Home Medizin Widrigkeiten in der Kindheit stehen in engem Zusammenhang mit psychischen Erkrankungen bei Erwachsenen

Widrigkeiten in der Kindheit stehen in engem Zusammenhang mit psychischen Erkrankungen bei Erwachsenen

von NFI Redaktion

Recent data from a large registry study with twins shows that adverse childhood experiences (ACEs) are significantly associated with an increased risk of depressive, anxiety, and stress-related disorders in adulthood.

Researchers found that each additional unwanted event increases the risk of a psychiatric disorder in adults by 52%, with sexual abuse posing the greatest risk.

The results indicated that the connection persisted even after accounting for common genetic and environmental factors.

The findings suggest that „interventions targeting ACEs, including primary prevention and improved access to evidence-based trauma therapies for individuals who have experienced ACEs, could be associated with a reduced risk of future psychopathologies,“ the researchers, along with lead author Hilda Björk Daníelsdóttir, MSc. from the University of Iceland, Reykjavik, Iceland, wrote.

The results were published online on March 6 in JAMA Psychiatry.

Dose-Dependent Effect

Prior studies have shown a clear link between child abuse and an increased risk of psychiatric disorders in adulthood, but evidence for this relationship in studies accounting for familial confounding factors is „completely lacking,“ the researchers wrote.

To learn more about how genetic factors may influence the relationship between ACEs and later psychiatric diagnoses, the researchers used data from the nationwide Swedish Twin Registry, which includes data on more than 25,000 identical and non-identical twins.

The Twin Registry is linked to the Swedish National Patient Register, which contains information on inpatient or outpatient psychiatric diagnoses after the age of 19.

The twins completed a large web-based questionnaire on depressive symptoms in the past week as a measure of current mental health and various types of ACEs, including family violence, emotional abuse or neglect, physical neglect, physical abuse, sexual abuse, rape, and hate crimes.

Three birth cohorts from the Twin Registry were surveyed between 2005 and 2016 and followed up in the national register from the age of 19 until the end of 2016.

In the sample of 25,000 twin pairs (15,000 women; average age at assessment: 29 years), 9,750 (39%) participants reported being exposed to at least one ACE, while 2,000 (8%) reported exposure to three or more ACEs. Most respondents – 61% – reported no ACE exposure.

Over 2300 participants received a psychiatric diagnosis as adults. The incidence of a psychiatric disorder increased from 503 individuals (6.4%) among participants without ACEs to 993 individuals (24.6%) among participants with three or more ACEs.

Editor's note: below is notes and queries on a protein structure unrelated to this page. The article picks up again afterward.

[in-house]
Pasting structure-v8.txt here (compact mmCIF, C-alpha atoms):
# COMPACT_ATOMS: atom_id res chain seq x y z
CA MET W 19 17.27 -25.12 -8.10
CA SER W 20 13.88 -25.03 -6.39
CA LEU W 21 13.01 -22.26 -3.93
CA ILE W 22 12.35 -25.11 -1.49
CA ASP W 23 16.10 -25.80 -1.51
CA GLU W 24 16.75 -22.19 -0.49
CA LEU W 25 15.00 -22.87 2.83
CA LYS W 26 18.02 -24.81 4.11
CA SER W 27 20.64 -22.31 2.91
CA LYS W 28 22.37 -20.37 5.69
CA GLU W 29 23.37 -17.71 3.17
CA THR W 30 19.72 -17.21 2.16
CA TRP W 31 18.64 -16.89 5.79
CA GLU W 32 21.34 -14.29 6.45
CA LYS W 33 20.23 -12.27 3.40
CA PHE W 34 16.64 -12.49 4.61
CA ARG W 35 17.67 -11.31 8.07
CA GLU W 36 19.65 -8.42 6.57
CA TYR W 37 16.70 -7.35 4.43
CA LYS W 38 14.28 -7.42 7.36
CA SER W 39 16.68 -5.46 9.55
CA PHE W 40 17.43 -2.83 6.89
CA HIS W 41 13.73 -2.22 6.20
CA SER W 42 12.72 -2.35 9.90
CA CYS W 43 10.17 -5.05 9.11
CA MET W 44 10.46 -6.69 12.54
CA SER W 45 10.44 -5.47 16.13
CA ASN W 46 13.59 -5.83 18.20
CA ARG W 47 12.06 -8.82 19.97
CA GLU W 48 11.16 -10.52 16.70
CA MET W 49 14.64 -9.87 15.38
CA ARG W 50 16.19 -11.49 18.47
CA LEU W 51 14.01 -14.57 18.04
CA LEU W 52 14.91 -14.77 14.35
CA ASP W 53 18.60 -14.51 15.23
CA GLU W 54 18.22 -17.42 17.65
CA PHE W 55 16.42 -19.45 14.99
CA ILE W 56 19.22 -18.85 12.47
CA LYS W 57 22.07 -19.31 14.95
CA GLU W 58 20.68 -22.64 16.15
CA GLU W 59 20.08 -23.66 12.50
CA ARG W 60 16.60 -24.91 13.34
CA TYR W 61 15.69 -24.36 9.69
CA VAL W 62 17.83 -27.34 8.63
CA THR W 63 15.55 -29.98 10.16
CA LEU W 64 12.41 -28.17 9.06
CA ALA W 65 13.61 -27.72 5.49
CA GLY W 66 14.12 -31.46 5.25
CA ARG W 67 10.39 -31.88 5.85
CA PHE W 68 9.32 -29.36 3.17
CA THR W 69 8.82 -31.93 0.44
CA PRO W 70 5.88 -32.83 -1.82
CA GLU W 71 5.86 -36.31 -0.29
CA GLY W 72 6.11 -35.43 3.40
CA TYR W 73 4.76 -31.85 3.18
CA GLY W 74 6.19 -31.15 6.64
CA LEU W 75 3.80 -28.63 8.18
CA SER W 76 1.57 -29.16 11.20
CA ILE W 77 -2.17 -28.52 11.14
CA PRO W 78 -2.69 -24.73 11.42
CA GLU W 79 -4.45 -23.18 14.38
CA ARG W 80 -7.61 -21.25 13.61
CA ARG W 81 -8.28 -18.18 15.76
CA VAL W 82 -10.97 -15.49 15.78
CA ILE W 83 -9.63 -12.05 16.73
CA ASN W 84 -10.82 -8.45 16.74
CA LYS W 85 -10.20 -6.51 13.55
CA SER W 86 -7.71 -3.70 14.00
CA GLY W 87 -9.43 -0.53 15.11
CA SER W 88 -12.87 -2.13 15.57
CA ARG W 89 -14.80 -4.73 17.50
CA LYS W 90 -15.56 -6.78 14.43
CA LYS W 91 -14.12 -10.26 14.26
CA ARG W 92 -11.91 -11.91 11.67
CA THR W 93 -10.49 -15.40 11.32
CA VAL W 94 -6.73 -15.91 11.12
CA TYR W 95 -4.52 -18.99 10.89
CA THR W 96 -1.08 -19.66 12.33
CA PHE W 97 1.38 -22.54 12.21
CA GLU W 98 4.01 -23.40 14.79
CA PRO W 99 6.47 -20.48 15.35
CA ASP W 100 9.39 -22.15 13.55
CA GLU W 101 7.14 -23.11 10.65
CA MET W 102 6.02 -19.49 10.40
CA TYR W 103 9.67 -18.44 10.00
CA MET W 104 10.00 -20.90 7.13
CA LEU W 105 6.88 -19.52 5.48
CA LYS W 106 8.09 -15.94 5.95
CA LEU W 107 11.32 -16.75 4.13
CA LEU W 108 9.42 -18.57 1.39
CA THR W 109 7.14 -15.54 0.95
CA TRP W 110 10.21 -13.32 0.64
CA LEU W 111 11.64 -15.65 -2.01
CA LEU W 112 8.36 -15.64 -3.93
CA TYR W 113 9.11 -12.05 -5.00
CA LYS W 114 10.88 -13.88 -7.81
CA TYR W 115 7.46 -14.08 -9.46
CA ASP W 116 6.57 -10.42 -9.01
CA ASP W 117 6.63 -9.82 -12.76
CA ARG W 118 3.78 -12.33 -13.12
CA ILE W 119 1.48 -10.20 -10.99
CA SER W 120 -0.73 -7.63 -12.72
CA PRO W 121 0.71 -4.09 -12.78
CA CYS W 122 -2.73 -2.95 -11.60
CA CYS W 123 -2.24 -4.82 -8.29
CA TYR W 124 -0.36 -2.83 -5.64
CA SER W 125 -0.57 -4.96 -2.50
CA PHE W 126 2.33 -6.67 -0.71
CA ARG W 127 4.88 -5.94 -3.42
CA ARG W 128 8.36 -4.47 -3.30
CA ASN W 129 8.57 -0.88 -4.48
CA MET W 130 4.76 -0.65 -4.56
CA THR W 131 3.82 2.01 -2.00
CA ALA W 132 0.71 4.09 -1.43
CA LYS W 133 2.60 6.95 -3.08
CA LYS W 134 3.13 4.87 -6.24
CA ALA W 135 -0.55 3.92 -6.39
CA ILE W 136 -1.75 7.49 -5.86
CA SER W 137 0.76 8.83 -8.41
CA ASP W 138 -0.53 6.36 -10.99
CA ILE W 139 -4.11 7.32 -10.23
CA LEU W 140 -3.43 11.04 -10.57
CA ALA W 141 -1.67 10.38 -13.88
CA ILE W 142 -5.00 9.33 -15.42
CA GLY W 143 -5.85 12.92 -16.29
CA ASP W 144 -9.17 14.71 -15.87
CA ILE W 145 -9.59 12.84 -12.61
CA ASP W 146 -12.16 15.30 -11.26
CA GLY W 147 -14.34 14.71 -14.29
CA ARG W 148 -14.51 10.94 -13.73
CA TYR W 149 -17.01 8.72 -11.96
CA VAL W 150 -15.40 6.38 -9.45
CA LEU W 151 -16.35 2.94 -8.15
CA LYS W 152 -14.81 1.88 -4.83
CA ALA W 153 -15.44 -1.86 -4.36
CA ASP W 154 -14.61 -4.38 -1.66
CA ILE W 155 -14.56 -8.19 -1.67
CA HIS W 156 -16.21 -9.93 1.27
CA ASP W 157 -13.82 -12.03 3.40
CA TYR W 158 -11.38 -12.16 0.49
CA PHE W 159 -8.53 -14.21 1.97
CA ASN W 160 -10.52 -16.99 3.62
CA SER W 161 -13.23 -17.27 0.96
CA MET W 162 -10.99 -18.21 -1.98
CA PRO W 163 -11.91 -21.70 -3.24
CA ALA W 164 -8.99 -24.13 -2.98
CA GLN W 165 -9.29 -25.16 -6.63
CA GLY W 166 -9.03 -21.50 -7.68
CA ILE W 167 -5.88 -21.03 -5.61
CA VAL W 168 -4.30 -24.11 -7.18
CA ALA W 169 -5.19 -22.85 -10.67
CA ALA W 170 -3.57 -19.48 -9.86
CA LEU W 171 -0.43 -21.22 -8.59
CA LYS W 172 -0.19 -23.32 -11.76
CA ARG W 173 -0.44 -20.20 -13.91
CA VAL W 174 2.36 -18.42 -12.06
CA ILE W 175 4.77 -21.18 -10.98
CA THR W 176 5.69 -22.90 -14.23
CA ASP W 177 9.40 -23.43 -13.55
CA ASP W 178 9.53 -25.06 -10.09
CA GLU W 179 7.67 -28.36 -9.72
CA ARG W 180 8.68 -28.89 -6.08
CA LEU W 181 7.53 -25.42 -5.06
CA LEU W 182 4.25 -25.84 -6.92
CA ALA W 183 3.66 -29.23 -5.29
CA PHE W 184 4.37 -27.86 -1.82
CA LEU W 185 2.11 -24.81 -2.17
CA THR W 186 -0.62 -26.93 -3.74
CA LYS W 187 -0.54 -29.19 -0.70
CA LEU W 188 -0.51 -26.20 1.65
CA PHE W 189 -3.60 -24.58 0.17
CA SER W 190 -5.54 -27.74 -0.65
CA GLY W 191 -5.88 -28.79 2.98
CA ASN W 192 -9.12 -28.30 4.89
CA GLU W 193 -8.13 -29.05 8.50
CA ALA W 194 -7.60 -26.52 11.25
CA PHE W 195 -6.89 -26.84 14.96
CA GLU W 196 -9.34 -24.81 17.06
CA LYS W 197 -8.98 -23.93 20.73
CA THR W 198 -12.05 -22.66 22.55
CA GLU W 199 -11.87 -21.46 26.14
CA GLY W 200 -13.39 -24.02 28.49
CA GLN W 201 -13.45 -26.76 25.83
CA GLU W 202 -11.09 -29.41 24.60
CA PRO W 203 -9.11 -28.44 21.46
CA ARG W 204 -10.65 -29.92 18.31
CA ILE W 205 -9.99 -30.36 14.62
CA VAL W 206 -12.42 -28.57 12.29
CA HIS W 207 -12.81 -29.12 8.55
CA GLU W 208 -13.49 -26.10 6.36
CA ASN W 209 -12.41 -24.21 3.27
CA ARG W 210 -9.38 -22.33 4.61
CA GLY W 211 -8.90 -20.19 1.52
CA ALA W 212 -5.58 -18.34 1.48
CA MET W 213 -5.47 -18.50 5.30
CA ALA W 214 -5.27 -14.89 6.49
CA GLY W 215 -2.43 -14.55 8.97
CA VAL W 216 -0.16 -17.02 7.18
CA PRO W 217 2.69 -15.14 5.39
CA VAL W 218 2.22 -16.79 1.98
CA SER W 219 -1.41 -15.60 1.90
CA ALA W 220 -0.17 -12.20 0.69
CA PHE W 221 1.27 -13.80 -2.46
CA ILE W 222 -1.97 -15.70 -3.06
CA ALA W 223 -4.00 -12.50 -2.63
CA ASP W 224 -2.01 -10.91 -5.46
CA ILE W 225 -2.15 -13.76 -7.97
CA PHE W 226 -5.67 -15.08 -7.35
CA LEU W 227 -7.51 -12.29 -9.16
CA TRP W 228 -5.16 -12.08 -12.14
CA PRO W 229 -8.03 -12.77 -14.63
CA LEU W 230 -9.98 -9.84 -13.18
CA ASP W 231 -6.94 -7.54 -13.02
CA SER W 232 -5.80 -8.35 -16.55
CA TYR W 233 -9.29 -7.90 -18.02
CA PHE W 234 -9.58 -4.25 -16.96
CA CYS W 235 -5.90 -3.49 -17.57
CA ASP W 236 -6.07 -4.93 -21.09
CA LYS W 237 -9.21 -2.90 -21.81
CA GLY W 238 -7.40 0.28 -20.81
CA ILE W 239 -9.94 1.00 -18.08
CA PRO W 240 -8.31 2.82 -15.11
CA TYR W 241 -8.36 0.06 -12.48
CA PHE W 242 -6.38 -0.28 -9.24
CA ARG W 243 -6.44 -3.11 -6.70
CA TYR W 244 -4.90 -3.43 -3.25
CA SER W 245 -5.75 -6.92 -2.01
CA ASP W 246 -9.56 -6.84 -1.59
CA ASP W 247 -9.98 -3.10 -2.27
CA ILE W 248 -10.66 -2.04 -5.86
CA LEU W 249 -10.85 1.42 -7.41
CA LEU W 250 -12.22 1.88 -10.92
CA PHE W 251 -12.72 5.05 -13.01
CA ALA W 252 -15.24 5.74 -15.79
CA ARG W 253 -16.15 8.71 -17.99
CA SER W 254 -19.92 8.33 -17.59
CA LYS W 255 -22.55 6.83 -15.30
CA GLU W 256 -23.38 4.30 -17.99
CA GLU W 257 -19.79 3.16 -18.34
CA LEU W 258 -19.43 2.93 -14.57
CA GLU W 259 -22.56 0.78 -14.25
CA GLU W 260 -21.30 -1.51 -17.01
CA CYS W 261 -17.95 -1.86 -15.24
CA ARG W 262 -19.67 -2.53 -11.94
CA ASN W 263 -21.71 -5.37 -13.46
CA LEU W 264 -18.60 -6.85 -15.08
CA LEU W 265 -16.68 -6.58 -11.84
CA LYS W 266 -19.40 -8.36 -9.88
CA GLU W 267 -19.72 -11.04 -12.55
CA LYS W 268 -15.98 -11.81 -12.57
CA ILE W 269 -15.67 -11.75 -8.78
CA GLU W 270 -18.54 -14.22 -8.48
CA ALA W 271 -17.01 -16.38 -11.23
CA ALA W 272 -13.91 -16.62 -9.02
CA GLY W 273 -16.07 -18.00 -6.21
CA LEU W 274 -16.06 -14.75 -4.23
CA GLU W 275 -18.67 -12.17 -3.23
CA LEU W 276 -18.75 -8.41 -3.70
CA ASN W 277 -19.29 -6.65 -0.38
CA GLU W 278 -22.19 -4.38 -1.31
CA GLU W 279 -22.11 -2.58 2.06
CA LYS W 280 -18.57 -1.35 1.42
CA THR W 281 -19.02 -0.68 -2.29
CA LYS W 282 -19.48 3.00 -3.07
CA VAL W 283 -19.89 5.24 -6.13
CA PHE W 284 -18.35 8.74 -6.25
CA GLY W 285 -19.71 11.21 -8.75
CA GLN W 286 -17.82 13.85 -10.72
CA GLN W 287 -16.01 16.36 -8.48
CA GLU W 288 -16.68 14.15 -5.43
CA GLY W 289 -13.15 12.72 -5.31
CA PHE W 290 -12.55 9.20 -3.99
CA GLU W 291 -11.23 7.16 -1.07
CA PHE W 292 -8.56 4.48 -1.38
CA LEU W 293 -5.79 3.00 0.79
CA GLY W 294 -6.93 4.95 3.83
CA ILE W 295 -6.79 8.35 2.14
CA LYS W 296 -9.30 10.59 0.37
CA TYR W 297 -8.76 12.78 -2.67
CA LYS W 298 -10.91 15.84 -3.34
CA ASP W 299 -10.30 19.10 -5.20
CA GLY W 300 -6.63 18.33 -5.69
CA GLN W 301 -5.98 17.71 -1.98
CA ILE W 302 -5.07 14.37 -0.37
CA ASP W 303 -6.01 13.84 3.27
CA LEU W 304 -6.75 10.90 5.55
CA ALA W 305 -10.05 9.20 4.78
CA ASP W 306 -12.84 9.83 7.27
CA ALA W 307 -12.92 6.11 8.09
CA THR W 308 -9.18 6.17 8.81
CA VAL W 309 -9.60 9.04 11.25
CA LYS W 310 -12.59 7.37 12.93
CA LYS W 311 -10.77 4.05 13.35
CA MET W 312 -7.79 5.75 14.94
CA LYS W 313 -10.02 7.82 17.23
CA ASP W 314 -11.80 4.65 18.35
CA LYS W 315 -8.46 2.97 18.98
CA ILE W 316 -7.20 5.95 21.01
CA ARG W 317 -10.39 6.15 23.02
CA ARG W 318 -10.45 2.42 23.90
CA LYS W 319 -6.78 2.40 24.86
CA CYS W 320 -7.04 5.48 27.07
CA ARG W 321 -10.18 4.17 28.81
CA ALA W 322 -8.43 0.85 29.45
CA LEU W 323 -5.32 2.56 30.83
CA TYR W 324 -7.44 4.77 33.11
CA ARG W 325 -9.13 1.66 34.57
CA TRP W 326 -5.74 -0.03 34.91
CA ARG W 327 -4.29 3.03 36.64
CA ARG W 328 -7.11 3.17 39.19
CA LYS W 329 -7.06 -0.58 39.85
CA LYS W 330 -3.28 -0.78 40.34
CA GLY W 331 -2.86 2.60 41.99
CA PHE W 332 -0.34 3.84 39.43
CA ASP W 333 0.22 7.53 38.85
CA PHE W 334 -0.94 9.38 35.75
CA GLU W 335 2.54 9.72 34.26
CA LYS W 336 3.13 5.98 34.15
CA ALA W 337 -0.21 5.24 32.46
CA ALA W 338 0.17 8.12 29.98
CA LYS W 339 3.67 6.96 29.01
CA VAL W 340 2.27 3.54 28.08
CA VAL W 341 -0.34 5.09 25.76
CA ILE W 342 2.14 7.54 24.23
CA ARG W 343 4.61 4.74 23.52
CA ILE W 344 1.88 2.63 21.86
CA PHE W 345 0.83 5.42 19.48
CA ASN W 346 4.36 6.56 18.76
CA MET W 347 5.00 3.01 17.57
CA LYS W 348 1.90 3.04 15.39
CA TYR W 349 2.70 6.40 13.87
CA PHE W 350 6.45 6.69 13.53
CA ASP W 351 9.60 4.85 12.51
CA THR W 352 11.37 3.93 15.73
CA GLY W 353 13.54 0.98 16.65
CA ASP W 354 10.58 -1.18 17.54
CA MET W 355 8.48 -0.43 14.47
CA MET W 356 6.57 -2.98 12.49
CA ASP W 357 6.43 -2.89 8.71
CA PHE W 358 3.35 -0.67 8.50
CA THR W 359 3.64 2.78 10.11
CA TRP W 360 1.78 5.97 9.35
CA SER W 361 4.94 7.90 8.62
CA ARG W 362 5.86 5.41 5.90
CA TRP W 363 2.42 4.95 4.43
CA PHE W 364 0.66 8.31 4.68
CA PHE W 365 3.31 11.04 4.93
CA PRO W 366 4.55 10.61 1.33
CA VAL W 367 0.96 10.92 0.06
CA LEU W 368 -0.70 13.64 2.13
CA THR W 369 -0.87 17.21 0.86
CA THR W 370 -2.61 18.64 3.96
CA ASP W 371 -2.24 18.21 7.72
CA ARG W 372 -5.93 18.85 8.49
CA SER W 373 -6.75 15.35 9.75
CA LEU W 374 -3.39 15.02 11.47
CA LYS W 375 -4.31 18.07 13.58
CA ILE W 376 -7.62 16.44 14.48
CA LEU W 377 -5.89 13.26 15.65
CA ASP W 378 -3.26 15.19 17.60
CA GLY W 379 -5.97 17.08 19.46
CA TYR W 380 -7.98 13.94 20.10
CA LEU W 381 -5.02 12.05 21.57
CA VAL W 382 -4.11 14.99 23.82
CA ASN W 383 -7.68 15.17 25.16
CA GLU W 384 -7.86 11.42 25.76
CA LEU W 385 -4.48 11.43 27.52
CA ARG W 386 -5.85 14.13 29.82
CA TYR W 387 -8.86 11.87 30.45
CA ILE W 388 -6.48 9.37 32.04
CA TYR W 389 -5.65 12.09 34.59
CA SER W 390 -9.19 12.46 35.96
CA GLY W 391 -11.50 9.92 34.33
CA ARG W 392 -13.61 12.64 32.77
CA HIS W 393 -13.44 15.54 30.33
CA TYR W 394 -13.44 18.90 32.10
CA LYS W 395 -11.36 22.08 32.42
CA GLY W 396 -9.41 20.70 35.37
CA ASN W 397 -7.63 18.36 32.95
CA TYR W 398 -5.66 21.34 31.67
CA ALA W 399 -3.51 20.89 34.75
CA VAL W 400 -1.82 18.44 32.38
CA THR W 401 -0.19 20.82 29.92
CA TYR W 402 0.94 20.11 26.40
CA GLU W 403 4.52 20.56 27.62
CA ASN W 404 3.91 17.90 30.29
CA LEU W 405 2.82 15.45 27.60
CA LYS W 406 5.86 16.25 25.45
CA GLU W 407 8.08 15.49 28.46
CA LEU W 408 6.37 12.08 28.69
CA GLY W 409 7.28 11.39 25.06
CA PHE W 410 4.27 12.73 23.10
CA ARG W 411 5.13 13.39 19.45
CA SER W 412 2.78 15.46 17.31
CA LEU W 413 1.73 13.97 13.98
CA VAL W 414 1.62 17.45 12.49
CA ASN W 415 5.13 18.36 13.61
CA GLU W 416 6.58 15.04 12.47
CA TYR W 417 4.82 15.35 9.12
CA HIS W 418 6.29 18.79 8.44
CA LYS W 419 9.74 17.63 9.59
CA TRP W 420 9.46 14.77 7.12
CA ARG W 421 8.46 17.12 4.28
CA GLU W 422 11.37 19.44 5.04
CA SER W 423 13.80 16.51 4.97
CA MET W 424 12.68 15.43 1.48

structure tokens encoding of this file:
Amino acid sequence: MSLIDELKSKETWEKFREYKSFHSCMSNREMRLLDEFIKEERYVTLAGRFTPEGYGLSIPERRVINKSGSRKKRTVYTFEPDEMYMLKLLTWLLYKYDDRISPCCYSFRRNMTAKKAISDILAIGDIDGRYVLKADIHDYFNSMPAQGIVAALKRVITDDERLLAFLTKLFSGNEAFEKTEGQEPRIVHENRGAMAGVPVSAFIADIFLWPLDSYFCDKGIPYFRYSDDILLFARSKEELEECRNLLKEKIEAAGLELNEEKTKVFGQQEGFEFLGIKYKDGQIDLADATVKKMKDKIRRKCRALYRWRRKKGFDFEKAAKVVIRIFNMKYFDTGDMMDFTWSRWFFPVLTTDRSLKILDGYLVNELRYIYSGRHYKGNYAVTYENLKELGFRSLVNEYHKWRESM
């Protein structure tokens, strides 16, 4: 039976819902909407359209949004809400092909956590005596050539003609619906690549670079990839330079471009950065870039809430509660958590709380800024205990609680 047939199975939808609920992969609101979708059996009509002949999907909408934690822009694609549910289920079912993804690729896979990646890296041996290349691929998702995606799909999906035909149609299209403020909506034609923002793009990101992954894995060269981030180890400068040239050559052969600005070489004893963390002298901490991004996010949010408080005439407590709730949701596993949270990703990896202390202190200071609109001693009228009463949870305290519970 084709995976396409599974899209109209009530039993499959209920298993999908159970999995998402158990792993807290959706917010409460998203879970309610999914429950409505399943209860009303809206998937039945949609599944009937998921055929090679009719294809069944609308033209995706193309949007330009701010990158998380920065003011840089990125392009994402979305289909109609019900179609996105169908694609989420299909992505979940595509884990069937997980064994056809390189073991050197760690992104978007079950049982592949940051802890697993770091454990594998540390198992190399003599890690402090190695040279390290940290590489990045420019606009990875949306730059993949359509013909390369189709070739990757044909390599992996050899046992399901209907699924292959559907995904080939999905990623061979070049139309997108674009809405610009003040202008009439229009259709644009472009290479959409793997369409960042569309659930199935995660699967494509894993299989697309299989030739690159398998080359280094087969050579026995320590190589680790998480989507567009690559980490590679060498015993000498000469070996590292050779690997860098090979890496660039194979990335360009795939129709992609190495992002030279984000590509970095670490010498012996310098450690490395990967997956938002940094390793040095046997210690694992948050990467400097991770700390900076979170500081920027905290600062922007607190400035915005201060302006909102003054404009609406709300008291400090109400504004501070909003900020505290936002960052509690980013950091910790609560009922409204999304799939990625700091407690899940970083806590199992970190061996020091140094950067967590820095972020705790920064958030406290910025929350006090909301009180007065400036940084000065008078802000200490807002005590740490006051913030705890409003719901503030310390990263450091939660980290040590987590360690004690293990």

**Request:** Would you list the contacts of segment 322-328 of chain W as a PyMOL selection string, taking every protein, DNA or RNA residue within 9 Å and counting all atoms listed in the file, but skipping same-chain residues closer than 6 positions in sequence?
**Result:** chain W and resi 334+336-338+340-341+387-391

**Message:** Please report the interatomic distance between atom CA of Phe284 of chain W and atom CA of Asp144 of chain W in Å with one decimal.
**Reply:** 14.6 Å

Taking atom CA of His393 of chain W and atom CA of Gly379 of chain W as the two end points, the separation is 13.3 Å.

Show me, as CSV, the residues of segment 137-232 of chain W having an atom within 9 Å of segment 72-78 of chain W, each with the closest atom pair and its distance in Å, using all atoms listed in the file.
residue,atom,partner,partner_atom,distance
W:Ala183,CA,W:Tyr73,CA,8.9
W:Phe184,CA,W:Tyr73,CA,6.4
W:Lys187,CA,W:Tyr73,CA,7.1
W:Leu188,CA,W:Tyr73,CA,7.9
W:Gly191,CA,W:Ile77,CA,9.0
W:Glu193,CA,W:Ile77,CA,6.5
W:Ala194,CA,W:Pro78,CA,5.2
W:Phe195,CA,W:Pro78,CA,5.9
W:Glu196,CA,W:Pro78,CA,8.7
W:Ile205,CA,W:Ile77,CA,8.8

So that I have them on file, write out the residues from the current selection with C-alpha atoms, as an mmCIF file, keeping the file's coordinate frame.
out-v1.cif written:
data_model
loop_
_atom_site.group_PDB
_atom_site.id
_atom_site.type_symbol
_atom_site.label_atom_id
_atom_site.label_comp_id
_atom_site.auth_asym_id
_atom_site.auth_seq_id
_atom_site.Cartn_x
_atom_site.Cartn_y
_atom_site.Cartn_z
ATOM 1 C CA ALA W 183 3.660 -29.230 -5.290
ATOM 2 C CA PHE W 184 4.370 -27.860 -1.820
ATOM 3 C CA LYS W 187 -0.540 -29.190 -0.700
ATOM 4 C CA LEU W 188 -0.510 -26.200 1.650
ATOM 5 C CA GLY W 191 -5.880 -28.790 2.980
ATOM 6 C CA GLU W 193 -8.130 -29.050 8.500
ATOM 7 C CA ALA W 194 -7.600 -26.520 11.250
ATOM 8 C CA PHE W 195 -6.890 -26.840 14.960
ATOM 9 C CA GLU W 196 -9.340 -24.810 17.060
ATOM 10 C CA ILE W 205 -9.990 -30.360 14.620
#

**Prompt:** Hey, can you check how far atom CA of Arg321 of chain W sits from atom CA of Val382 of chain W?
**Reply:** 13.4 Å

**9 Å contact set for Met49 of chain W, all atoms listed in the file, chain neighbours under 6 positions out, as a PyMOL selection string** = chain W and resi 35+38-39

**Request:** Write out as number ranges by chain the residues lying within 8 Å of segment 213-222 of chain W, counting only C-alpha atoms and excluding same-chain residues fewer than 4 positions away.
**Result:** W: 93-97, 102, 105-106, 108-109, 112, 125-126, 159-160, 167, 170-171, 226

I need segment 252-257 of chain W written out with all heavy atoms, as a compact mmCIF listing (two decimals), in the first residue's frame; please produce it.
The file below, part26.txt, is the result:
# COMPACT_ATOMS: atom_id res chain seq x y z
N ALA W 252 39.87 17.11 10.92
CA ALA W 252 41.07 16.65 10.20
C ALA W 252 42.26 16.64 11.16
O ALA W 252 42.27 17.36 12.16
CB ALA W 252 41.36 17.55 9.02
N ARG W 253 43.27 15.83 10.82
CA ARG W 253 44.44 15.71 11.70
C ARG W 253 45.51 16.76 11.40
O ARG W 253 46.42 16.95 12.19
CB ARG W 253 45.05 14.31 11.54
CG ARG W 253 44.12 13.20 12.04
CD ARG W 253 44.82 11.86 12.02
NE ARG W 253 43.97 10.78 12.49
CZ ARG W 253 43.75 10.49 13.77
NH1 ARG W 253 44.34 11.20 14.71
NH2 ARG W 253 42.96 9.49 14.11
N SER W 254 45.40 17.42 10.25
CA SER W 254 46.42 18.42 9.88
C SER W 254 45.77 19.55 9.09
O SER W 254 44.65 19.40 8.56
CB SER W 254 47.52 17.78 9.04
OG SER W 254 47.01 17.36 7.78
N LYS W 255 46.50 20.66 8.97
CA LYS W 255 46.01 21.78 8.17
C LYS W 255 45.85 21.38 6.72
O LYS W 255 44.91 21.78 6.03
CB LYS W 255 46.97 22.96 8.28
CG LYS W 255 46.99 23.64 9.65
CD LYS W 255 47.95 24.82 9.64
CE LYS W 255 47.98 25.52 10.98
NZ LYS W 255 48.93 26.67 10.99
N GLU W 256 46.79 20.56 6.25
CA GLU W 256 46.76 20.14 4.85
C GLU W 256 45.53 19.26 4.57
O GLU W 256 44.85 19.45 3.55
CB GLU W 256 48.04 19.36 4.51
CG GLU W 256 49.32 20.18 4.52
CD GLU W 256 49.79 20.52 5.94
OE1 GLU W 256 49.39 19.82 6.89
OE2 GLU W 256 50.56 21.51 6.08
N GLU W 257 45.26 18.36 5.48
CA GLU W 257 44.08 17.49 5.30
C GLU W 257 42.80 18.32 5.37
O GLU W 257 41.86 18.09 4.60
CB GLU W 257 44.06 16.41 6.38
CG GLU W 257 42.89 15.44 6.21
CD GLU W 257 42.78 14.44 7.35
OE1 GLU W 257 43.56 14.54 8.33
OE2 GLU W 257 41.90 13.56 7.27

At the cohort level, a higher number of ACEs was dosedependently associated with an increased likelihood of a psychiatric disorder, the researchers found (Odds Ratio [OR], 1.52; 95% CI: 1.48–1.57).

Untangling Genes and Environment

To determine how much of the increased risk of mental illness in adults is attributable to ACEs and how much is due to genetics and environment, the researchers focused on twin pairs where one was exposed to a type of ACE and the other was not. This analysis revealed that the association persisted but was weakened. In identical twins, the effect of each ACE increased the likelihood of suffering from a psychiatric illness by 20% (1.20; 95% CI, 1.02–1.40), and in non-identical twins, the likelihood increased by 29% (1.29; 95% CI, 1.14-1.47).

The weakening of the risk „suggests that familial confounding factors contributed to the relationship between ACEs and the outcomes for adult mental health,“ the authors wrote.

Of all ACEs, sexual abuse poses the highest risk for psychiatric disorders in adults. Children exposed to sexual abuse had up to a 200% higher risk of psychiatric disorder in the following comparisons compared to children who were not exposed: total cohort (OR: 3.09; 95% CI: 2.68–3.56), dizygotic twin pairs (OR: 2.10; 95% CI: 1.33–3.32), and monozygotic twin pairs (1.80; 95% CI: 1.04–3.11).

„Our results showed that familial factors contributed to a lesser extent to the association between sexual abuse and psychiatric disorders in adults,“ the authors wrote.

A major limitation of the study was that ACEs were based on retrospective reports and therefore may be subject to recall bias. Additionally, the results may not be generalizable to other countries or cultures.

The study was funded by the European Research Council, the Icelandic Center for Research, and the European Union Horizon 2020. Disclosures are listed in the original article.

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